An index case was defined as anyone notified with pandemic influenza diagnosed by PCR during the study period and who otherwise met the eligibility criteria (see below). A household was defined as a group of two or more people living together in a domestic residence; residential institutions, such as boarding schools, hotels or prisons were excluded. A household contact was defined as any person who had resided in the same household as the index case for at least one night during the household exposure period (one day before to seven days after onset of illness in the index case). Index cases were excluded if they lived alone, did not spend time at the household after the onset of symptoms, had a co-infection with another influenza virus and/or were not the first symptomatic individual in the household. Household contacts who had the same symptom onset date as the index case, and were therefore possibly infected from the same source as the index case, were also excluded.

Influenza-like illness (ILI) was defined as fever >38 ºC, or a reliable history of fever of unknown temperature, AND cough and/or sore throat. A secondary case was defined as a household contact who developed an ILI or laboratory-confirmed influenza within seven days of symptom onset in the index case (distinctions were not made between secondary and tertiary cases in the household). Household transmission was deemed to have occurred if at least one household contact became a secondary case. Household contacts who did not develop an ILI or test positive for pandemic influenza were classified as uninfected household contacts. The secondary attack rate was calculated as the number of secondary cases divided by the total number of eligible household contacts. The mean serial interval was calculated from the sum of the time between the onset of ILI symptoms in all index and secondary case pairs.

Public health nurses interviewed each selected index case twice by telephone: within 48 hours of notification to CDCD and the second time as close as possible to eight days after symptom onset. At the first interview, the reason for the investigation was explained and information was collected on: symptoms, use of antiviral medications, underlying medical conditions, vaccination for seasonal influenza and number of household contacts. The second interview collected information on household contacts, including: age, sex, number of days living in the household during the household exposure period, whether they shared the same room or bed as the index case, onset and symptoms of any illness during the exposure period, underlying medical conditions, use of antiviral prophylaxis, and vaccination for seasonal influenza. If an index case was unable to answer the questions or was under 18 years of age, an adult household member was interviewed as a proxy. A total of six attempts were made to contact the index case and/or household contacts, after which point they were deemed not contactable.

Information was sought on whether any household contacts had been notified with influenza in the exposure period by searching the notifications database for any confirmed influenza results matching the contact’s name and date of birth with a specimen date within seven days of symptom onset. If no notification was recorded, PathWest Laboratory Medicine WA records were checked, to determine whether an influenza test had been performed and the result.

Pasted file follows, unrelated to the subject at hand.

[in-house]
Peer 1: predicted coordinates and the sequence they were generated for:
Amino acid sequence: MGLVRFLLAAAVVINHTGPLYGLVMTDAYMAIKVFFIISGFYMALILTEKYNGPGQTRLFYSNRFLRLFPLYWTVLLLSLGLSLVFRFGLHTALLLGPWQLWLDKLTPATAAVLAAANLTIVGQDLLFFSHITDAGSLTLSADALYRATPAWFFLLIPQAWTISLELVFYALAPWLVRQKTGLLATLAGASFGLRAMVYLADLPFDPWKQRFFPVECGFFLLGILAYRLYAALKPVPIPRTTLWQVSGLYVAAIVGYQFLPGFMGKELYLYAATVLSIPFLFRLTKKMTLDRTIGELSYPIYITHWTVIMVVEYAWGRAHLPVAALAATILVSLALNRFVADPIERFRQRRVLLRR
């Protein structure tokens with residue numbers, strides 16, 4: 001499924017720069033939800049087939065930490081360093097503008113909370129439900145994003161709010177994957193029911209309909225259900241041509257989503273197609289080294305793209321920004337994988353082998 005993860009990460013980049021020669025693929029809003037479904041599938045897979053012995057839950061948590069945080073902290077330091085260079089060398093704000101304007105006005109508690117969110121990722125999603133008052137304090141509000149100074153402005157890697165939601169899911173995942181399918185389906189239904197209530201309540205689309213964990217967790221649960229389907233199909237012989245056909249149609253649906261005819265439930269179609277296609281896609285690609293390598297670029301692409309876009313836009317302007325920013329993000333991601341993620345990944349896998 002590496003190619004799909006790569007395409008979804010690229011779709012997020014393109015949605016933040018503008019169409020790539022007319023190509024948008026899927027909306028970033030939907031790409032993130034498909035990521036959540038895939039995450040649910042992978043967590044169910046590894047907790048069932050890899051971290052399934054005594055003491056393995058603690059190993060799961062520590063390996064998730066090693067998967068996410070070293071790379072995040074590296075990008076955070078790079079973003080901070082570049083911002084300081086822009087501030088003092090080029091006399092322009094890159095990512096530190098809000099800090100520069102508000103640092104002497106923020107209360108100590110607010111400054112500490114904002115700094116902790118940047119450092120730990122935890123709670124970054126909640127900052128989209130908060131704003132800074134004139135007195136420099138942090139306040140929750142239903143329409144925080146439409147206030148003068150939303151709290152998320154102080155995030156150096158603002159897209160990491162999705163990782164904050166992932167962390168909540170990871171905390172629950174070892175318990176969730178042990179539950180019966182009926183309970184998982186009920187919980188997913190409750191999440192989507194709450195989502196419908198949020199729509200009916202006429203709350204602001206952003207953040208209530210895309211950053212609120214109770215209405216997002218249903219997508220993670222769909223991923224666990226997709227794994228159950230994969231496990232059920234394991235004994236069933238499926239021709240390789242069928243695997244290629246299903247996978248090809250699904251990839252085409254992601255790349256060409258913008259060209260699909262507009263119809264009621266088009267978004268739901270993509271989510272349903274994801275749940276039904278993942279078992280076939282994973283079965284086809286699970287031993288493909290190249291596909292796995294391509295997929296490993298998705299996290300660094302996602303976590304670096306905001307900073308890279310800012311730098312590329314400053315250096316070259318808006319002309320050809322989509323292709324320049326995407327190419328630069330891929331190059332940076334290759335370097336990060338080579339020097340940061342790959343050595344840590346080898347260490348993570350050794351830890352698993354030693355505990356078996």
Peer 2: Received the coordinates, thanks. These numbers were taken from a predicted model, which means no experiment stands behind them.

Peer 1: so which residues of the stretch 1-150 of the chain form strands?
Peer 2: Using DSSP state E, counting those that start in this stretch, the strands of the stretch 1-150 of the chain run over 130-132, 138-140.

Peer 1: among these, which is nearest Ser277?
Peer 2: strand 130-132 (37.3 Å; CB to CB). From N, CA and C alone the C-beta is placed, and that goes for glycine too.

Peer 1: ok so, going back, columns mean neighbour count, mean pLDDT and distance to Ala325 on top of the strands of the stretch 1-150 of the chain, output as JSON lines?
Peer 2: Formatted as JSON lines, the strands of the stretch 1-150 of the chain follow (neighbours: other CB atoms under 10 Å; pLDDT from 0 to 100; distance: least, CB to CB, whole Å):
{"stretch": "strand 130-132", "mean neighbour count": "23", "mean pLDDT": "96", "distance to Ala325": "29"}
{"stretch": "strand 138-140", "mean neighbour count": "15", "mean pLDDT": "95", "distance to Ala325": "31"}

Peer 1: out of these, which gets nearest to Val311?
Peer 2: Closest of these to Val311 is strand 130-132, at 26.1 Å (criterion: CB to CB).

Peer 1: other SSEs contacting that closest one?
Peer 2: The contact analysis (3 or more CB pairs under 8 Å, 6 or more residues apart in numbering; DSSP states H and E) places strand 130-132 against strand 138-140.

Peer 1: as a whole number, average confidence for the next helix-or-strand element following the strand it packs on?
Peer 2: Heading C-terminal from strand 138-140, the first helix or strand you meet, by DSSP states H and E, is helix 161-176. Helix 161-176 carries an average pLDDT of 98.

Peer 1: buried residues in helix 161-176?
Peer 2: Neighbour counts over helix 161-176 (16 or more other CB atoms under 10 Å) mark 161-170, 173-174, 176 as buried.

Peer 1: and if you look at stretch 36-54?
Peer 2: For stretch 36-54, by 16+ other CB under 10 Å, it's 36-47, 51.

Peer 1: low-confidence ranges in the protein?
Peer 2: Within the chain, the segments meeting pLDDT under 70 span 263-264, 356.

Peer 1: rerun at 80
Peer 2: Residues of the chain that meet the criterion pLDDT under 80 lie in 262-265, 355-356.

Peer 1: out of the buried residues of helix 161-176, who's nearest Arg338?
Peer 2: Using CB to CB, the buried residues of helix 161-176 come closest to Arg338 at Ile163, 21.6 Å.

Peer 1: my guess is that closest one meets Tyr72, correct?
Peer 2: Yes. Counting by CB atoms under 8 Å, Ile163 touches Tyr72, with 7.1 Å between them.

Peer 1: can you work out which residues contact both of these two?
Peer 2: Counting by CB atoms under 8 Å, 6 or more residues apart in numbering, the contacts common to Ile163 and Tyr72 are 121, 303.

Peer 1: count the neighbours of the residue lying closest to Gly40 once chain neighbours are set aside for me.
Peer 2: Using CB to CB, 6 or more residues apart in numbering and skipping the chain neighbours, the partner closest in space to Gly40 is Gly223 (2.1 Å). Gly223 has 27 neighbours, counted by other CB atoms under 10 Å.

The secondary attack rate was analysed in relation to covariates measured at the index case and household contact levels using univariate chi-square test for proportions and t-tests for continuous variables. Subjects were stratified by age into pre-school-aged children (≤4 years-old), school-aged children (5 to 18 years-old), 19 to 50 year-olds, and those aged over 50 years. Univariate odds ratios (OR) and 95% confidence intervals (CI) were determined, and if multiple variables were found to be significant, they were entered as input for a backward step-wise logistic regression analysis. To adjust for clustering by household, generalised estimating equations were used to obtain p values and confidence limits for ORs for all household contact analyses. All analyses were performed using PASW Version 17.0.2 (SPSS Inc., Chicago, IL). Information was collected as part of case follow-up for a notifiable disease of public health concern and did not require approval by a human research ethics committee.

Results

A total of 2,802 laboratory-confirmed pandemic influenza notifications were received during the ten-week study period. During the first six weeks, public health nurses attempted to contact each of the 468 pandemic influenza index cases notified in that period. Of those 468 notifications, 309 (66.0%) were contacted, assessed eligible, and agreed to participate in the study. From 14 July to 7 August 2009, due to the increasing volume of notifications, a daily random sample of 20 pandemic influenza notifications per day were selected [16]. Of 521 additional index cases chosen by this method, 286 (54.9%) were contactable and eligible for the study.